Examination of Several Physiological and Psychosocial Factors Potentially Associated With Masked Hypertension Among Low-Risk Adults.
The authors examined the association of factors, in addition to prehypertensive office blood pressure (BP) level, that might improve detection of masked hypertension (MH), defined as nonelevated office BP with elevated out-of-office BP average, among individuals at otherwise low risk. This sample of 340 untreated adults 30 years and older with average office BP <140/90 mm Hg all had two sets of paired office BP measurements and 24-hour ambulatory BP monitoring (ABPM) sessions 1 week apart. Other than BP levels, the only factors that were associated (at P<.10) with MH at both sets were male sex (75% vs 66%) and working outside the home (72% vs 59% for the first set and 71% vs 45% for the second set). Adding these variables to BP level in the model did not appreciably improve detection of MH. No demographic, clinical, or psychosocial measures that improved upon prehypertension as a potential predictor of MH in this sample were found.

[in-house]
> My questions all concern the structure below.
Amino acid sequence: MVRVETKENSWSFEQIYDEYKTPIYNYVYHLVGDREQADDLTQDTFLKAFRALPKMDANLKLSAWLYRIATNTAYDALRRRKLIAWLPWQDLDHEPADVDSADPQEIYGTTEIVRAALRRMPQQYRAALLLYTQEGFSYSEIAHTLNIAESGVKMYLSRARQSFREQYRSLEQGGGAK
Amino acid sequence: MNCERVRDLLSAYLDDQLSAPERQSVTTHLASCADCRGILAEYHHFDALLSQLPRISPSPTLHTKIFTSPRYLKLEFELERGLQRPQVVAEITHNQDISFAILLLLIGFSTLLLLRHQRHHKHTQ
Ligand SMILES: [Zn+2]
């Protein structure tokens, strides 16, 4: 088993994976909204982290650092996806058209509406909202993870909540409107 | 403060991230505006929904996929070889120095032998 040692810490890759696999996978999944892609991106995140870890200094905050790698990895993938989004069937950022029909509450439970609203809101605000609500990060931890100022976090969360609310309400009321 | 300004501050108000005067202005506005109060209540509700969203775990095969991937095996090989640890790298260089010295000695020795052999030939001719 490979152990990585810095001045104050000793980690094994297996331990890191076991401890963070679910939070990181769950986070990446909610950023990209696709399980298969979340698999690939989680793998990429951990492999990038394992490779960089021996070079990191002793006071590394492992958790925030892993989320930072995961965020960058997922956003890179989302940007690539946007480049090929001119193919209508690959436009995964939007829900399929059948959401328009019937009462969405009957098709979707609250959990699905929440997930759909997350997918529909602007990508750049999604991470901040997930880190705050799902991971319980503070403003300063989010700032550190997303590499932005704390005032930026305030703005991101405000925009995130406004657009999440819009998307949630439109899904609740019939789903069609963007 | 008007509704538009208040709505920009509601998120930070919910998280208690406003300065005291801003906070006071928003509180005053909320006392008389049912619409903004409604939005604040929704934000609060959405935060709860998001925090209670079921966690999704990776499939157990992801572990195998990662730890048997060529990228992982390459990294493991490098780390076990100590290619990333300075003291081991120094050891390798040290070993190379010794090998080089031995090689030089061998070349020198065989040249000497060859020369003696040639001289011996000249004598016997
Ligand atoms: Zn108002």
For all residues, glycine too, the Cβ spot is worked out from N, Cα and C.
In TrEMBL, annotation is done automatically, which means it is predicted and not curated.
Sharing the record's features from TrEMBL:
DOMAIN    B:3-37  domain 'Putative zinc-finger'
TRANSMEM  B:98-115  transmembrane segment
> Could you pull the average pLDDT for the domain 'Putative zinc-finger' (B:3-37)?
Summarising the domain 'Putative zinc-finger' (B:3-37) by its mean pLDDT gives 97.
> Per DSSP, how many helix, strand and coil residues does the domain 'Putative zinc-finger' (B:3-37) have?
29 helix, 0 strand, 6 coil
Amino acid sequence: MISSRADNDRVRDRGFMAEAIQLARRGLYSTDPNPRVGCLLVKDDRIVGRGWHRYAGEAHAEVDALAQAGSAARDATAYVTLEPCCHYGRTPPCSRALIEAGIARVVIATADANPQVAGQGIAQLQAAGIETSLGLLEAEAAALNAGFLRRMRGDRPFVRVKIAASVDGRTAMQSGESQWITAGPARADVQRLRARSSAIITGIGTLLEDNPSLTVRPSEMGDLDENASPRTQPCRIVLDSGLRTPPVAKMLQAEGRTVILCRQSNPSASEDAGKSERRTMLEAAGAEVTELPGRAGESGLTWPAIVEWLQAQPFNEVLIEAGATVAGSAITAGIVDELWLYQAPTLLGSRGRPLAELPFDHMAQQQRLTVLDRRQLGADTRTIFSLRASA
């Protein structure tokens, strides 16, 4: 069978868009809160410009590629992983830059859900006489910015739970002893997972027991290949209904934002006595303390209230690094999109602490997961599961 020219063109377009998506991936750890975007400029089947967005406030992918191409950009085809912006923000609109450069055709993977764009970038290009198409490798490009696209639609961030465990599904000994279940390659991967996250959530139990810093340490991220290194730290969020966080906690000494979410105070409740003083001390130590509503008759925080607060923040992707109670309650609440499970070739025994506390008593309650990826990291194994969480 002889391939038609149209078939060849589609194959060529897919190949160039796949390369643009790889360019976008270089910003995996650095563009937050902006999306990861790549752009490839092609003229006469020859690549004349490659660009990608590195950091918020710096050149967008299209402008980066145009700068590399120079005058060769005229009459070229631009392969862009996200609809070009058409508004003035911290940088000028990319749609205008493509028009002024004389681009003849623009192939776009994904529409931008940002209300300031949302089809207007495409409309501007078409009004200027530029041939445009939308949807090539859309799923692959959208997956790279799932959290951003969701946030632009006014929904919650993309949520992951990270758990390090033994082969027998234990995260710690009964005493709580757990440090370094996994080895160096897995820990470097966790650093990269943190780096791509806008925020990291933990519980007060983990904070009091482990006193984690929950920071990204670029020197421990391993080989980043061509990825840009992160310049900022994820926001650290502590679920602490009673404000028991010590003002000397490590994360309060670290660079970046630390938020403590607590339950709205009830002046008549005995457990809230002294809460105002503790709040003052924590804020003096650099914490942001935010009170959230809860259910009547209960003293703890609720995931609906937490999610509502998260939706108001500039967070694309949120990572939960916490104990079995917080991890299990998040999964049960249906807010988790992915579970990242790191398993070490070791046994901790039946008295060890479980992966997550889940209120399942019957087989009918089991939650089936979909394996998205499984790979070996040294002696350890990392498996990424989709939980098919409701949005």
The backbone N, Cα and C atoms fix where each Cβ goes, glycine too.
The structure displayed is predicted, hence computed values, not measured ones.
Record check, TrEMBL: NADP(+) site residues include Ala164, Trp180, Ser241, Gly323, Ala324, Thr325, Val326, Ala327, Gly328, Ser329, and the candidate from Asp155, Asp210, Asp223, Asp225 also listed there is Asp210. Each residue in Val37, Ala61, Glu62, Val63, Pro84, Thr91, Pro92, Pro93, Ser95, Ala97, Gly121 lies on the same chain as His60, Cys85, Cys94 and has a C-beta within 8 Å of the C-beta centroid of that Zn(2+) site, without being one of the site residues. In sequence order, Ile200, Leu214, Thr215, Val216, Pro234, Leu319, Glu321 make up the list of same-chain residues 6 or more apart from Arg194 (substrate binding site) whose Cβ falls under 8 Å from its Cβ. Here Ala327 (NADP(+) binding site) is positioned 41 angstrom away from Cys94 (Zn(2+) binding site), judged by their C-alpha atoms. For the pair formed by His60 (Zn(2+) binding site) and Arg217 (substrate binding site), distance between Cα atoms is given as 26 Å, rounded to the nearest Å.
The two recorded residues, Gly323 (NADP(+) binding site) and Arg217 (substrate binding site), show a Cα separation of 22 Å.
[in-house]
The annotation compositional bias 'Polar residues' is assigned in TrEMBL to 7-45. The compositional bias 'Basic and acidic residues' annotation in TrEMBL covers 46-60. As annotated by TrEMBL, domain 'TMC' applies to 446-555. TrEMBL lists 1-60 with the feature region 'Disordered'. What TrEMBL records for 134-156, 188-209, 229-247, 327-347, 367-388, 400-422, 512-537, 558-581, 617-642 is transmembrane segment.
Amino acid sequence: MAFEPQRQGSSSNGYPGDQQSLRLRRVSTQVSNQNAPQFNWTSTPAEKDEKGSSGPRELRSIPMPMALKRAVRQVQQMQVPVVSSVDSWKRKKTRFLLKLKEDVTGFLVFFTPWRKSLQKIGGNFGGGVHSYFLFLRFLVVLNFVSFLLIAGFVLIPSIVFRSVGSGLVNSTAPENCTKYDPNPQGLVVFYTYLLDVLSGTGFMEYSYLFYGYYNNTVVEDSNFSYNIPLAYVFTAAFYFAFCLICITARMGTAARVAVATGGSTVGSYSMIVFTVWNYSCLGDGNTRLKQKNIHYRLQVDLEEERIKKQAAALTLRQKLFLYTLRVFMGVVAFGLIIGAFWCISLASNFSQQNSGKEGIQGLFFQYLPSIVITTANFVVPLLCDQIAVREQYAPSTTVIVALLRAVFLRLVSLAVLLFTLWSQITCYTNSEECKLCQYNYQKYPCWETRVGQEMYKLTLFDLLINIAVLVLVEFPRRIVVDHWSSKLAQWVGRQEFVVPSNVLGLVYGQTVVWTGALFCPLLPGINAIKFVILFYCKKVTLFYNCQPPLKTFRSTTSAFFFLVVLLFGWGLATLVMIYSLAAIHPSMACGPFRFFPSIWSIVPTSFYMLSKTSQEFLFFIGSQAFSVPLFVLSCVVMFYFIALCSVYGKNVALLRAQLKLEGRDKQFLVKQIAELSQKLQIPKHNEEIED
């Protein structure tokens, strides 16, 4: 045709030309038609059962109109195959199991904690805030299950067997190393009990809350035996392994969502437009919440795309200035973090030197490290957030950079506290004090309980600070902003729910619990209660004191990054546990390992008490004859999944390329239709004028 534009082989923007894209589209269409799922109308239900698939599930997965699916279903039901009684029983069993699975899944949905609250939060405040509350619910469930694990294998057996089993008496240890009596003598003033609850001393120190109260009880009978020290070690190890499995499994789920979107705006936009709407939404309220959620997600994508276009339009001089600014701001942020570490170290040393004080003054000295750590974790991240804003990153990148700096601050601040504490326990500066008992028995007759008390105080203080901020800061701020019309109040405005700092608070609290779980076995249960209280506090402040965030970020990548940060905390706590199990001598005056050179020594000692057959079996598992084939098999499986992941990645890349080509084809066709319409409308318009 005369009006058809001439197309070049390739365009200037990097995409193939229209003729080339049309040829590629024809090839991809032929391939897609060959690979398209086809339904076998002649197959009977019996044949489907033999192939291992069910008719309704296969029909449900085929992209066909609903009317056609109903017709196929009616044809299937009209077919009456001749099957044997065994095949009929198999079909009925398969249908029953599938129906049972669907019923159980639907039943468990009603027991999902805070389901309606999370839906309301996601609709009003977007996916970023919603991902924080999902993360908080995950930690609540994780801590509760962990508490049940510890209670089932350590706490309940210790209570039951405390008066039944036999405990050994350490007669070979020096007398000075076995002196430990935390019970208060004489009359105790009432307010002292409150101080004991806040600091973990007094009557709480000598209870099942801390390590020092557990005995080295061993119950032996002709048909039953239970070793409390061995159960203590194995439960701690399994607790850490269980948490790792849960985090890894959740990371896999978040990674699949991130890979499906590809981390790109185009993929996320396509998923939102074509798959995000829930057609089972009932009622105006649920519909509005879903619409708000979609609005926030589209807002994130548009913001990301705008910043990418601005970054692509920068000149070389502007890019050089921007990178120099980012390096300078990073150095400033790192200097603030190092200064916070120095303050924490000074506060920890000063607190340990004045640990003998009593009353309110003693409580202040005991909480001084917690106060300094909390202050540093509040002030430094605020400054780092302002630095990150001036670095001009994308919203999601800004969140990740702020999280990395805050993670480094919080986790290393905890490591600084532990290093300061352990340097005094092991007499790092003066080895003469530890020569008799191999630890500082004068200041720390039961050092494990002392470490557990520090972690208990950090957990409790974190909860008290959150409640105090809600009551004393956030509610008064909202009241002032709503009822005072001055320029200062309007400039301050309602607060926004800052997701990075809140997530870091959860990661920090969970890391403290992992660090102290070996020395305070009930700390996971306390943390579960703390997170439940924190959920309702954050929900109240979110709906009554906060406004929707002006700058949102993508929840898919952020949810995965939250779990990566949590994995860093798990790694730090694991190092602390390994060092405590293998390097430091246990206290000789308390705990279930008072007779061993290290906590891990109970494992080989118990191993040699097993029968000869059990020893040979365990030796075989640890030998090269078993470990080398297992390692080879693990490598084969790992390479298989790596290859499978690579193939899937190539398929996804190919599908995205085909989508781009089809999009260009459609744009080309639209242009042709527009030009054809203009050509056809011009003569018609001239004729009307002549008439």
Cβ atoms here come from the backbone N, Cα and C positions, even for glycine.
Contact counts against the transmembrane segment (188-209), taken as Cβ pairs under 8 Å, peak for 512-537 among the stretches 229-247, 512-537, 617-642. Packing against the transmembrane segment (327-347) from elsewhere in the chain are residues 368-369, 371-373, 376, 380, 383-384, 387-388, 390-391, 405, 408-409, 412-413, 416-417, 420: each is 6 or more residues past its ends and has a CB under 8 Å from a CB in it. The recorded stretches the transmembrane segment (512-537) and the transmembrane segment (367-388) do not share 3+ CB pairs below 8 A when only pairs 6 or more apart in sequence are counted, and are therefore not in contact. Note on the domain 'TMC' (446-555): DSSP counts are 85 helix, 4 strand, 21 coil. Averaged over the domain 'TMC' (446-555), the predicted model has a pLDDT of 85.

Viera, AJ; Lin, F-C; Tuttle, LA; Olsson, E; Girdler, SS; Hinderliter, AL
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